That said, the just-announced merger of Huffington Post and America Online is an entirely different kettle of fish.  Many honestly and erstwhile ‘progressive’ and ‘leftist’ commentators are celebrating this joining, or at least, giving it a ‘wait-and-see’ nod.

The only certain thing is that the writers and participants who have built Huffington Post won’t see a slender cent from among the thirty billion pennies, or billion and a half pennies in stock, that change hands in this bargain.  Several already wealthy people, whose political and ‘strategic’ leadership have, for better or worse, guided the site, will, on the other hand make out like proverbial bandits.

The idea that this $315 million conjunction, much to the benefit of Ms. Huffington’s coffers, might also represent ‘progress’ or be in the best interest of the ‘left’ arguably has much more to say about the deficiencies that attend the language of political description in the United States than it does with any rationally defensible consideration about promoting the needs of common people.  The notion that this is in the popular interest also speaks volumes about the lack of class leadership among working people, who prove willing all too often to rely on the likes of a rich globe-trotting fashion moll with the opportunistic instincts of a coyote.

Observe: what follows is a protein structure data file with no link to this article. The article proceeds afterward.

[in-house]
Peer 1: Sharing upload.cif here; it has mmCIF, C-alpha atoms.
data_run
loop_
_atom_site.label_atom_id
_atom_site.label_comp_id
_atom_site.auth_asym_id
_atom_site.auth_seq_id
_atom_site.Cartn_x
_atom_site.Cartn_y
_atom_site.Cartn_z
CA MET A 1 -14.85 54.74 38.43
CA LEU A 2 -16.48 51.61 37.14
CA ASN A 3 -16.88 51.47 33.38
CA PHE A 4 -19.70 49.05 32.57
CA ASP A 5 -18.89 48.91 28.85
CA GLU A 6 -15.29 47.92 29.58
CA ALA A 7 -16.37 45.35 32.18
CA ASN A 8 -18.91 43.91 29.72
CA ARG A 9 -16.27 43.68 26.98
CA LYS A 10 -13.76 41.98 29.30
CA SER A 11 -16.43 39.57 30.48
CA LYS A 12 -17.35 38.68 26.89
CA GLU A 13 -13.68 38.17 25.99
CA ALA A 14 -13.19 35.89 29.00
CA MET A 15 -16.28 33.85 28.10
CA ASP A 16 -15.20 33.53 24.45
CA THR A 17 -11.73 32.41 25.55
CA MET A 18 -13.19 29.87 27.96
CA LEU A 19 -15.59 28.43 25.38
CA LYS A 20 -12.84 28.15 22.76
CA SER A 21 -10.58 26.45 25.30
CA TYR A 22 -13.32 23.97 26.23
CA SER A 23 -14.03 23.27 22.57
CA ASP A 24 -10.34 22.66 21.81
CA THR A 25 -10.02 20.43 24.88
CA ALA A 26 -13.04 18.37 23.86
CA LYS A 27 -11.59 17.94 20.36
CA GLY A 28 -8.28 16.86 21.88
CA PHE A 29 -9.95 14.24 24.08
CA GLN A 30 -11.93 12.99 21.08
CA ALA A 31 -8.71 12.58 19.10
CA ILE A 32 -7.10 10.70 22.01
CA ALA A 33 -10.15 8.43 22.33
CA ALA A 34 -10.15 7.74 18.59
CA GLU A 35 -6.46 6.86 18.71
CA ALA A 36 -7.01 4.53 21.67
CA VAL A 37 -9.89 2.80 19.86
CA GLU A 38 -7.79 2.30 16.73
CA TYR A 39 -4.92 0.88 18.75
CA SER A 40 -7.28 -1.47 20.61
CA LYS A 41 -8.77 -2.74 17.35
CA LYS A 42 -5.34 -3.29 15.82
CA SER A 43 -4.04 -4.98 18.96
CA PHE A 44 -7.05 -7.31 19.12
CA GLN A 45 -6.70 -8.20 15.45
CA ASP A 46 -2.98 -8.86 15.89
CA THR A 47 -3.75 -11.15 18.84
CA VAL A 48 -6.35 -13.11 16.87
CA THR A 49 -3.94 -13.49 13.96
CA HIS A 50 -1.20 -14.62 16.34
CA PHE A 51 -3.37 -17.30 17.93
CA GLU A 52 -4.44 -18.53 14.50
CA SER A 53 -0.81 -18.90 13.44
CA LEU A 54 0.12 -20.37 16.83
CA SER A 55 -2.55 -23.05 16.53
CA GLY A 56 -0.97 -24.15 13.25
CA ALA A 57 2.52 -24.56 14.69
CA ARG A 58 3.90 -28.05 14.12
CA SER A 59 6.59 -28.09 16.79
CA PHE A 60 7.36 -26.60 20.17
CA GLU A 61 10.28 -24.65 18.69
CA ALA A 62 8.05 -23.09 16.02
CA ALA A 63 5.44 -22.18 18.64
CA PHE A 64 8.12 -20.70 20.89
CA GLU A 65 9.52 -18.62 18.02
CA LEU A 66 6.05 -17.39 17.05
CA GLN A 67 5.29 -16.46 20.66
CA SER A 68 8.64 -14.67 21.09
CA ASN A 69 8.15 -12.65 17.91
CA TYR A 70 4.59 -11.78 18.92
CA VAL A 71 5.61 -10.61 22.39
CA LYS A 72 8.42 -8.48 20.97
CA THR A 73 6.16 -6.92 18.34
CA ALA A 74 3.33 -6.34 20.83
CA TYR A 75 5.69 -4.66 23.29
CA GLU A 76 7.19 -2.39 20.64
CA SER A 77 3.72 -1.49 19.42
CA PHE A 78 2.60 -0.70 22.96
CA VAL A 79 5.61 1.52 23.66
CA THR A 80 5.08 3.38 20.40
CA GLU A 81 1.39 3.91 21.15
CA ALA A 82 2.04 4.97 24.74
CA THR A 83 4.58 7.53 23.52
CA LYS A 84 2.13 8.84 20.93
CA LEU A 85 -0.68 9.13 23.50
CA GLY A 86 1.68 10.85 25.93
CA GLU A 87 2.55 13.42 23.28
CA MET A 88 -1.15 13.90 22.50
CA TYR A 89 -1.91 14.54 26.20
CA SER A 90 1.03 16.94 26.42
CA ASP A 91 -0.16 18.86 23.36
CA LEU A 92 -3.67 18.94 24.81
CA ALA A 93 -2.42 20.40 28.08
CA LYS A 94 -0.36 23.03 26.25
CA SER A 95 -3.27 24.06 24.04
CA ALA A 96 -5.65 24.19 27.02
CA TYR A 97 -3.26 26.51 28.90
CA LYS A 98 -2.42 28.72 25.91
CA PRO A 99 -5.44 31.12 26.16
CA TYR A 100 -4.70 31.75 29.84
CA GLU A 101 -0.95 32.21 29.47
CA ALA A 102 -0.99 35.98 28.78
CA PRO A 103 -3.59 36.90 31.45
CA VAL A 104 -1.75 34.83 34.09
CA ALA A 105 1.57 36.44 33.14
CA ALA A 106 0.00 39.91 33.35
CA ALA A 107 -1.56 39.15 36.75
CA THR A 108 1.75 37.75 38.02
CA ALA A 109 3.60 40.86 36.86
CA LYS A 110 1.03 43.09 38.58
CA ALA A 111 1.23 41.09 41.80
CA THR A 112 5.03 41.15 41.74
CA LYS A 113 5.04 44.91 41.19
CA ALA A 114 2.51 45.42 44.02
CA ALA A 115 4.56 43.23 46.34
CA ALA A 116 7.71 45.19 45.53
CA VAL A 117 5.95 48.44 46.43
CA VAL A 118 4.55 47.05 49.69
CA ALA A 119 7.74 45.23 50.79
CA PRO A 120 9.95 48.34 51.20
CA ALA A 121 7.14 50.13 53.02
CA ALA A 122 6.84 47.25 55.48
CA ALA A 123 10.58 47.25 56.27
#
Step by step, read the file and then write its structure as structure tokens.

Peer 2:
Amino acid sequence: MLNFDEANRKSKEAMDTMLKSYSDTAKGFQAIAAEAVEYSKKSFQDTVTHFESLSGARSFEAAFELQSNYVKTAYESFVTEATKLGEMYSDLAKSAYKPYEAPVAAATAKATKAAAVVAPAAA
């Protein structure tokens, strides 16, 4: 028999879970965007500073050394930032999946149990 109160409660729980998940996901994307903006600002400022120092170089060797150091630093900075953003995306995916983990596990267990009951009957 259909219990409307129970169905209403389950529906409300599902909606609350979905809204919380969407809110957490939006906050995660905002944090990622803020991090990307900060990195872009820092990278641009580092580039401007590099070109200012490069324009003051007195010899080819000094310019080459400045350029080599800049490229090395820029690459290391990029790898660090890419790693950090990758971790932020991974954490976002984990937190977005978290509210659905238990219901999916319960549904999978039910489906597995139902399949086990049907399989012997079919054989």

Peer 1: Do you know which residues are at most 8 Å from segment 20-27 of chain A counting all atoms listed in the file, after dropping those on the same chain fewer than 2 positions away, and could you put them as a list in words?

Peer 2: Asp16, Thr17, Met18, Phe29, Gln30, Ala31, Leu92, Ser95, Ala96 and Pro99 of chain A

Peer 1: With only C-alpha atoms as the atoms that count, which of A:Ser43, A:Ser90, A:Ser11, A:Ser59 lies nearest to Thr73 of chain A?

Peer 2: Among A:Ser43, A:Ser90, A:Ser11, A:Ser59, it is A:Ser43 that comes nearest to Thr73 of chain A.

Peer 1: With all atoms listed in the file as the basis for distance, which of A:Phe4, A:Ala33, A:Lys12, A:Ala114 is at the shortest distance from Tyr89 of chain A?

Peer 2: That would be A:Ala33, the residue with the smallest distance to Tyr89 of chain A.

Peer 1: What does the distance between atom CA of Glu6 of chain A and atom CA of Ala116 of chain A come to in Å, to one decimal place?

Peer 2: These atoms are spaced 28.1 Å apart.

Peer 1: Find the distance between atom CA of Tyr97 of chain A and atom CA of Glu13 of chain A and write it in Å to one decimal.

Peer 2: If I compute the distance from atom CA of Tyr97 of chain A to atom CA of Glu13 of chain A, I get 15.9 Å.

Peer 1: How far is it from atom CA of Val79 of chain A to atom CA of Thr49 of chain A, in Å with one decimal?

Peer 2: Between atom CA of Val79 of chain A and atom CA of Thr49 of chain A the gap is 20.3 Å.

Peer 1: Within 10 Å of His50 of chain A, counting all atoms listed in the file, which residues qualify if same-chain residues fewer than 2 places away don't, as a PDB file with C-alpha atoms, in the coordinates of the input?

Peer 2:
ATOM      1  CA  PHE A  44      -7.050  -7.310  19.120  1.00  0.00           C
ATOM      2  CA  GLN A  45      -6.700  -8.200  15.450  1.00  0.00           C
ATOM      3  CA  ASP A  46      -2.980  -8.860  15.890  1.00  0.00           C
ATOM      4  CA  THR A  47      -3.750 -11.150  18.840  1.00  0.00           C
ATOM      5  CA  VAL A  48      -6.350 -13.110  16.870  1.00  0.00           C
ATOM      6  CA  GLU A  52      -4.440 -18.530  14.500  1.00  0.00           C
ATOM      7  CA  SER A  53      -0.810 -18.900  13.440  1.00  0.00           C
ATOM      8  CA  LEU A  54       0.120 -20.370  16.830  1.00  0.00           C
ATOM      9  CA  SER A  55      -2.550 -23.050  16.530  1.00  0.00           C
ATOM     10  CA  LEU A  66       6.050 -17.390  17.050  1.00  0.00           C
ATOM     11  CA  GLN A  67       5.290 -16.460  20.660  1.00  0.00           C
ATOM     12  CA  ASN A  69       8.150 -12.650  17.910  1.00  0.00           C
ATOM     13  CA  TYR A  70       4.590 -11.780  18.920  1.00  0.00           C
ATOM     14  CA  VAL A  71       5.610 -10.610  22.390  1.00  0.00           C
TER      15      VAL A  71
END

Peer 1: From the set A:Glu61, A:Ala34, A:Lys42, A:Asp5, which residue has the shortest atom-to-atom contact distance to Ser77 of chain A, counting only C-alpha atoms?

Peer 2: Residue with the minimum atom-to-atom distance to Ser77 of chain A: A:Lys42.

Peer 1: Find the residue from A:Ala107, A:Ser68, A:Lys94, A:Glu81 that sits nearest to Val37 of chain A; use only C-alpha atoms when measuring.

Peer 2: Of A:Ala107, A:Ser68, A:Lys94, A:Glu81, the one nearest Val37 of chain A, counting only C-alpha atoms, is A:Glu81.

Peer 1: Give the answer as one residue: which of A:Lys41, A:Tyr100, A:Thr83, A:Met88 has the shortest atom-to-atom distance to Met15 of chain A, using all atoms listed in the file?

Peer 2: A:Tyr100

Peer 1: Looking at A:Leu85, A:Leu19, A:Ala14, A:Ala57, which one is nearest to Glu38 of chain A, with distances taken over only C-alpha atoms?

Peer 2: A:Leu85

‘Liberals’ also cozy up to hyper-imperialists such as Hilary Clinton, or so some would say; ‘progressives’ commonly make common cause with Barack-the-Magnificent, whose wars will soon eclipse those of his predecessor; the ‘left’ is a hodgepodge collection of folks who a lot of times are trying to avoid the label that is at least honestly descriptive, that of socialist, or social-democrat.